Meditation draws us to God. The purpose of reflecting on Scripture is to apply the passage to ourselves. Through meditation, we internalize and personalize. We bring the word into our minds and make it personal, then we respond.
You are the focal point in application. This is not selfish or self-centered. You are meditating on the Word as part of your search for spiritual help and direction.
Meditation on Torah is a lost art among most Christians. This holy exercise of pondering over the Word, chewing it over, takes time, which ill fits the speed of our modern age. Today most Christians' devotions are too hurried, their lives too rushed. Americans are materialistic, consumer-minded, and they want instant gratification. Holiness and hurry never go well together. Prayer and preoccupation make strange bedfellows. A deep knowledge of spiritual things can only come by the way of unhurried reflection upon God's truth.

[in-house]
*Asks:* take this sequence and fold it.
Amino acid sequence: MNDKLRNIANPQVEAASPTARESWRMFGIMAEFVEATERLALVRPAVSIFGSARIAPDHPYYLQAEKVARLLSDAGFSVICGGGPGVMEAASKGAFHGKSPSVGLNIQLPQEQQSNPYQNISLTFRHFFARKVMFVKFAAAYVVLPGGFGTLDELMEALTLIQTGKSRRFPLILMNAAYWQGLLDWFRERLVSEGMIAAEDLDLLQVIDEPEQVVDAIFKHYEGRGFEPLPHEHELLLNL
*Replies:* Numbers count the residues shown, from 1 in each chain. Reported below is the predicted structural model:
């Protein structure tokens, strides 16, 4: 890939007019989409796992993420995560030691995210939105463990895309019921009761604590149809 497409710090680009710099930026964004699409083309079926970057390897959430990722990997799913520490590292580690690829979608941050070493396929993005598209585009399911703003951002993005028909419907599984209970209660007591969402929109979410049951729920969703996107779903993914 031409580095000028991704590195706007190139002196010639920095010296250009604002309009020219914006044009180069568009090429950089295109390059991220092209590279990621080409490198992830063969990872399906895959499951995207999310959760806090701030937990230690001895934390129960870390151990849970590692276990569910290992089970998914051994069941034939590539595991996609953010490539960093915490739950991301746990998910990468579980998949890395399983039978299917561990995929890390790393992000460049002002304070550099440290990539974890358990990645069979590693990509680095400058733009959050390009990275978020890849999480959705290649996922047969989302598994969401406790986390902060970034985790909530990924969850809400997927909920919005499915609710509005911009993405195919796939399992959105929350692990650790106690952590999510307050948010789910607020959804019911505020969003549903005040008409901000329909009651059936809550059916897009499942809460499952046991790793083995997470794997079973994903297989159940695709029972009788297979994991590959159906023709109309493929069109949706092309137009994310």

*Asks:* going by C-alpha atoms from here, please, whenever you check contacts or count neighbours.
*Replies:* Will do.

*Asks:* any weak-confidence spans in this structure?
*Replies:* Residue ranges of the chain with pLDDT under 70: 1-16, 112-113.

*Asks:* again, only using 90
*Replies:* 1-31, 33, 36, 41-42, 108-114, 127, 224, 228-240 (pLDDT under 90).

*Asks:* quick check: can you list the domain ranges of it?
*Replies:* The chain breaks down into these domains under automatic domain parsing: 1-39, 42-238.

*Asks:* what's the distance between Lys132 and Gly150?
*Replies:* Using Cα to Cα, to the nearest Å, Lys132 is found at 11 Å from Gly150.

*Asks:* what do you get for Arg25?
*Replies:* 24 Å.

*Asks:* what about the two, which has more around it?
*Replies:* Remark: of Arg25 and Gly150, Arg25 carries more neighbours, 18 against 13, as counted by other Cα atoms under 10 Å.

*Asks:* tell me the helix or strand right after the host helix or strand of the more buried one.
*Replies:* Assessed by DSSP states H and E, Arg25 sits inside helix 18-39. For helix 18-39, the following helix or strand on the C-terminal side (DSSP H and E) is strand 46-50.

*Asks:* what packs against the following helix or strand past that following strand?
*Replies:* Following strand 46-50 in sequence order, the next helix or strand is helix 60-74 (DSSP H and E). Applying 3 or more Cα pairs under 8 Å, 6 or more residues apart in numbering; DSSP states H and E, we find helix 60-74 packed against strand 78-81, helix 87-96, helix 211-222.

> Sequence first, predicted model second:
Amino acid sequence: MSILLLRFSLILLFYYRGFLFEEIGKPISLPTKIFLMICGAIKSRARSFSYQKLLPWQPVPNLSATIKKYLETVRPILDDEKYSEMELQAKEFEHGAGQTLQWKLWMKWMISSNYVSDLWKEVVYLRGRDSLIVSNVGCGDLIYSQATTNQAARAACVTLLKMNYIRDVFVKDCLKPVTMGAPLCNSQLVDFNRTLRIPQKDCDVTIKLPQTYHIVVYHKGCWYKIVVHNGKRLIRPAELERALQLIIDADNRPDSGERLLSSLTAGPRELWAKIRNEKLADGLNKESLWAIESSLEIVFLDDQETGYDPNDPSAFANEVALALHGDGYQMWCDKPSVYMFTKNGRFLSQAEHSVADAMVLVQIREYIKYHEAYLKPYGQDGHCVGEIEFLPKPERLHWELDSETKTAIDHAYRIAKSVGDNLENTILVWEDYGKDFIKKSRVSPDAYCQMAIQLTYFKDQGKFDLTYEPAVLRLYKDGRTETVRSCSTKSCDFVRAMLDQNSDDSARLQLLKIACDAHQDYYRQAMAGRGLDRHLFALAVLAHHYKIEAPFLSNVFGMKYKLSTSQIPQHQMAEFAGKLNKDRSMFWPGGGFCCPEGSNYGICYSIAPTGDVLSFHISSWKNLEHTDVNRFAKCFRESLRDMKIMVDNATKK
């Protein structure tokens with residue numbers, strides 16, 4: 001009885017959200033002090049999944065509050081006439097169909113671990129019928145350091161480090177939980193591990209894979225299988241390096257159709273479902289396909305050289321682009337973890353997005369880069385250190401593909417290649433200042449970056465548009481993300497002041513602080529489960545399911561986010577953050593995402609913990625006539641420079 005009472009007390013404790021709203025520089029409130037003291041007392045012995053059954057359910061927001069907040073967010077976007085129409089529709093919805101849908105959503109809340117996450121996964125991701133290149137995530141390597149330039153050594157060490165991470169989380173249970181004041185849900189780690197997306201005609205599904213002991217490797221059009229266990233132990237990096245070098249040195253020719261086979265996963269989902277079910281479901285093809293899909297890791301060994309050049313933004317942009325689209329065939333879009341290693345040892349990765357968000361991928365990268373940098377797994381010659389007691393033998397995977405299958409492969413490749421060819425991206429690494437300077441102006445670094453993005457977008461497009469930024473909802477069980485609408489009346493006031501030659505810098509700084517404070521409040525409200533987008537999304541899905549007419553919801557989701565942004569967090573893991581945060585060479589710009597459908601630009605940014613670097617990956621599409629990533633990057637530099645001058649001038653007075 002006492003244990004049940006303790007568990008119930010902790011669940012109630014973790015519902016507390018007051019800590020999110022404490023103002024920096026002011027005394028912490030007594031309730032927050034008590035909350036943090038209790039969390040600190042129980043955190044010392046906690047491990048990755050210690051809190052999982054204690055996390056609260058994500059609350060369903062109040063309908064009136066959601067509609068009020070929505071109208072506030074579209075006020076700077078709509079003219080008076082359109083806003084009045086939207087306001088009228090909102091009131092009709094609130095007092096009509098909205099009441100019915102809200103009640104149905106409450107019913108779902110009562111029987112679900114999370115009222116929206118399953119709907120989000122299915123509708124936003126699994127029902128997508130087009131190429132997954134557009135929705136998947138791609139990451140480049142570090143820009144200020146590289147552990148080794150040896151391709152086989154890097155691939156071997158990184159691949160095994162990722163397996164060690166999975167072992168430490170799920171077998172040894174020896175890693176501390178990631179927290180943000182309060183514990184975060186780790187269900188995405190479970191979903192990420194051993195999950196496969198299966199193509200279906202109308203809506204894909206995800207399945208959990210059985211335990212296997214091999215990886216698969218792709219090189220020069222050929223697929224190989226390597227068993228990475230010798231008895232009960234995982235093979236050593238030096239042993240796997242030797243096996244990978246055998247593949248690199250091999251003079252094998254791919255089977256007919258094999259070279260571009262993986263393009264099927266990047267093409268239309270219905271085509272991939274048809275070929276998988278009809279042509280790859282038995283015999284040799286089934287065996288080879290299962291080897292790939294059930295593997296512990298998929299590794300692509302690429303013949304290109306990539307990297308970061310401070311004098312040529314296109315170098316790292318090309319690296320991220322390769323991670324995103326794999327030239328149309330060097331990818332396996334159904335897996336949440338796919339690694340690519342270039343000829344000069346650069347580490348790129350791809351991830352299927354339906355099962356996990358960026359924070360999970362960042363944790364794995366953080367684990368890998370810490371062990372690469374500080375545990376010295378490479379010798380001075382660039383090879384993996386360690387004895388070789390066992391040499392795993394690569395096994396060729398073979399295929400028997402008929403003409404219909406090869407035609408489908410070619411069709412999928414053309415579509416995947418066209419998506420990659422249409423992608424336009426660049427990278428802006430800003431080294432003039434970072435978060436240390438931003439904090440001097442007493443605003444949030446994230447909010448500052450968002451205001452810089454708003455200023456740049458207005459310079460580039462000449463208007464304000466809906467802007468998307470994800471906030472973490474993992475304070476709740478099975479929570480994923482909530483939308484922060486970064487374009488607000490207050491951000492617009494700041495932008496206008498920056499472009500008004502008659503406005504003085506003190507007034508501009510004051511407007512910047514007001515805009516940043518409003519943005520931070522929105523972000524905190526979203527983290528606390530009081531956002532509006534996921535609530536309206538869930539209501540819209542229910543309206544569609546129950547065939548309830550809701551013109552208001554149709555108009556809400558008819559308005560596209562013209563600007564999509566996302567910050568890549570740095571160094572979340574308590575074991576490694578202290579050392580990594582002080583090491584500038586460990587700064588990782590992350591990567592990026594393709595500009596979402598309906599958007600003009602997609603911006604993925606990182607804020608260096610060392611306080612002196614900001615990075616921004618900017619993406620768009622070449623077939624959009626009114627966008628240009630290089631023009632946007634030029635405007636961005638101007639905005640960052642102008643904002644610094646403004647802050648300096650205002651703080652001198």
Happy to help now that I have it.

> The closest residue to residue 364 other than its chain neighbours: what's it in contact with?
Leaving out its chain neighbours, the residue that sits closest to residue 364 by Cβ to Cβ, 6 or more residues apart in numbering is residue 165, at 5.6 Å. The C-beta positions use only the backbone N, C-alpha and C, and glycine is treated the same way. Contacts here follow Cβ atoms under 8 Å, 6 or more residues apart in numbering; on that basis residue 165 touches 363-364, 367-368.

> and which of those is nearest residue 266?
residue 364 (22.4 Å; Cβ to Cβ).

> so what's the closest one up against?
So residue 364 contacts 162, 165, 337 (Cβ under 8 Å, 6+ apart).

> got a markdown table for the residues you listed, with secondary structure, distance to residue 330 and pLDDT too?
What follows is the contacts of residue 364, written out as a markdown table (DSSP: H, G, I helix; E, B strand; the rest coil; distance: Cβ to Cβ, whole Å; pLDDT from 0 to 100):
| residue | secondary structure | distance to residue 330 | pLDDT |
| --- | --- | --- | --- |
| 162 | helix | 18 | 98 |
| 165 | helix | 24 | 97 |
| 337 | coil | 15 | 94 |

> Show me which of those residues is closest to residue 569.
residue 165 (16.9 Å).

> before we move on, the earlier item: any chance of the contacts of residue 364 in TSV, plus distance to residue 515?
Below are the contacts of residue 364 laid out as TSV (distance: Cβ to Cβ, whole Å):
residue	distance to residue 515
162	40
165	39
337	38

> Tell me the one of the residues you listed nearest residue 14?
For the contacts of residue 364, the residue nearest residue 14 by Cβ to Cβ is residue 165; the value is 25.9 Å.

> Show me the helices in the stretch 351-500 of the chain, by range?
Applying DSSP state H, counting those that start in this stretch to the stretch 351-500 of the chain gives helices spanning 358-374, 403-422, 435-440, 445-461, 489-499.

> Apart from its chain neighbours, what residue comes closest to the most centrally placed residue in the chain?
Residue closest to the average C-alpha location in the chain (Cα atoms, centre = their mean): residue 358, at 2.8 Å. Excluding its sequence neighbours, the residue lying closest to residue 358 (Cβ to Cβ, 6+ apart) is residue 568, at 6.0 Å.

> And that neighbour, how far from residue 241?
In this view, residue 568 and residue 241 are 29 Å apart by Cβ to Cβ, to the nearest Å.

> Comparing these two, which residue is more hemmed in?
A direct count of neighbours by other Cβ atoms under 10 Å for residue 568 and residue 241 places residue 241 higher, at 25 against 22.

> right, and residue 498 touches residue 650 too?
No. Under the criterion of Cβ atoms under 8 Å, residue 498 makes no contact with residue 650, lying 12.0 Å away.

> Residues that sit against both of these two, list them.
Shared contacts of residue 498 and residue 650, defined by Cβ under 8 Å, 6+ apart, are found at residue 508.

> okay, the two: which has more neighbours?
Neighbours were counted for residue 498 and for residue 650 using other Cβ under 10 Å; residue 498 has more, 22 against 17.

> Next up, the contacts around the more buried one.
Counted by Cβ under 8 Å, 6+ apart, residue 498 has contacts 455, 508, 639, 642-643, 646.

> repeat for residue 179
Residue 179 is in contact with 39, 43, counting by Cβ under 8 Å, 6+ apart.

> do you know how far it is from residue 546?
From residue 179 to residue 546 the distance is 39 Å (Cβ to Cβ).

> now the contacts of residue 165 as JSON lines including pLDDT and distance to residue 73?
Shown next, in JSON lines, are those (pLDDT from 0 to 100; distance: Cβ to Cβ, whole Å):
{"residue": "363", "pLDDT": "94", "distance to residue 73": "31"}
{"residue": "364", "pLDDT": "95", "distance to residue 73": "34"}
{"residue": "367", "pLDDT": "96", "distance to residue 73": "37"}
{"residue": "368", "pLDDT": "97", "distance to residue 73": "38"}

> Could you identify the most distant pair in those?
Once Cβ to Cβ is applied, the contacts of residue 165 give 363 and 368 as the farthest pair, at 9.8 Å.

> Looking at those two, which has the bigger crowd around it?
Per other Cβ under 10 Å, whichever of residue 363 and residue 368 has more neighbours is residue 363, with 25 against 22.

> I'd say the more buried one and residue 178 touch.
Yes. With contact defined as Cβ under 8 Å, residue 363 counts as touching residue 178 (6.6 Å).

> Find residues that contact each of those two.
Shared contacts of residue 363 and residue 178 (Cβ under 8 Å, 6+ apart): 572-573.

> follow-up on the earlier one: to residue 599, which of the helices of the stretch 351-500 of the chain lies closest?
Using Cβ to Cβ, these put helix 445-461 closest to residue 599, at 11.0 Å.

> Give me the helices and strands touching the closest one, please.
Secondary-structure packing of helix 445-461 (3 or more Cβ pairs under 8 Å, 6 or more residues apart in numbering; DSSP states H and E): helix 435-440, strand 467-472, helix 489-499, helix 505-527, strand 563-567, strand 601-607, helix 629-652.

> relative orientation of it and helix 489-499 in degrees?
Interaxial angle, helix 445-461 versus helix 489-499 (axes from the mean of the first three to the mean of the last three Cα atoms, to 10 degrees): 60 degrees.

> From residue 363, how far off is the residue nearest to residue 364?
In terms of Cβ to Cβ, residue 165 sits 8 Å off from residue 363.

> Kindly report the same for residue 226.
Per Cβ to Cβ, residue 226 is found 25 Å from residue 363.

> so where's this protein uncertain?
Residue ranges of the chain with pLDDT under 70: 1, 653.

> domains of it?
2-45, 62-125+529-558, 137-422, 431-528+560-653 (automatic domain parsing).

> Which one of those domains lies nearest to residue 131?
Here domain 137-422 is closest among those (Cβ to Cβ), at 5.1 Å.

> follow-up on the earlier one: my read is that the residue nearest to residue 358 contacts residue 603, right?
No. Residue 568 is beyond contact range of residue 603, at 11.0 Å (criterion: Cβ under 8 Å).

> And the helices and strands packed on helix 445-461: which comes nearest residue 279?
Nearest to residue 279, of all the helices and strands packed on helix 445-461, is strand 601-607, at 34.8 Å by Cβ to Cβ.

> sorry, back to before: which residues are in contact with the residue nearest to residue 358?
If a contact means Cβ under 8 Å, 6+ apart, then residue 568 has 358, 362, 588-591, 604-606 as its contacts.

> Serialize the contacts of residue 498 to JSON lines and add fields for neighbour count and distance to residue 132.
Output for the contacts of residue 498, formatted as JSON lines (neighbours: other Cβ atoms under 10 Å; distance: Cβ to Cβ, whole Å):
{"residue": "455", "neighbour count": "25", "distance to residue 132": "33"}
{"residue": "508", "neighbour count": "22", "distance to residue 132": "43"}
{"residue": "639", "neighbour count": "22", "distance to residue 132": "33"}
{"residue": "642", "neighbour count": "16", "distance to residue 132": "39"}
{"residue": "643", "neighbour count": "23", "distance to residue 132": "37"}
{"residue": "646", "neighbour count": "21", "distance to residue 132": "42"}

The believer, who practices Biblical meditation, not only learns more, but also enjoys more. So often, Christians read their Bibles in a legalistic sort of way, as a sort of duty that quickly becomes a drudgery. They think that reading scripture will make them holy. It does not. Reading the Bible does not make us holy. Applying the Bible makes us holy.
If I want to go to a church, I need to go where the meeting is held. It is no different with God. If I want to grow spiritually, I need to go where God is. God can be found in the Word. God can be found in meditation and prayer. As I begin to meditate and pray over a passage of scripture, I receive more of the power of God in my life. Thus, meditation serves as a sort of conduit for receiving the Holy Spirit and being renewed in the image and likeness of God.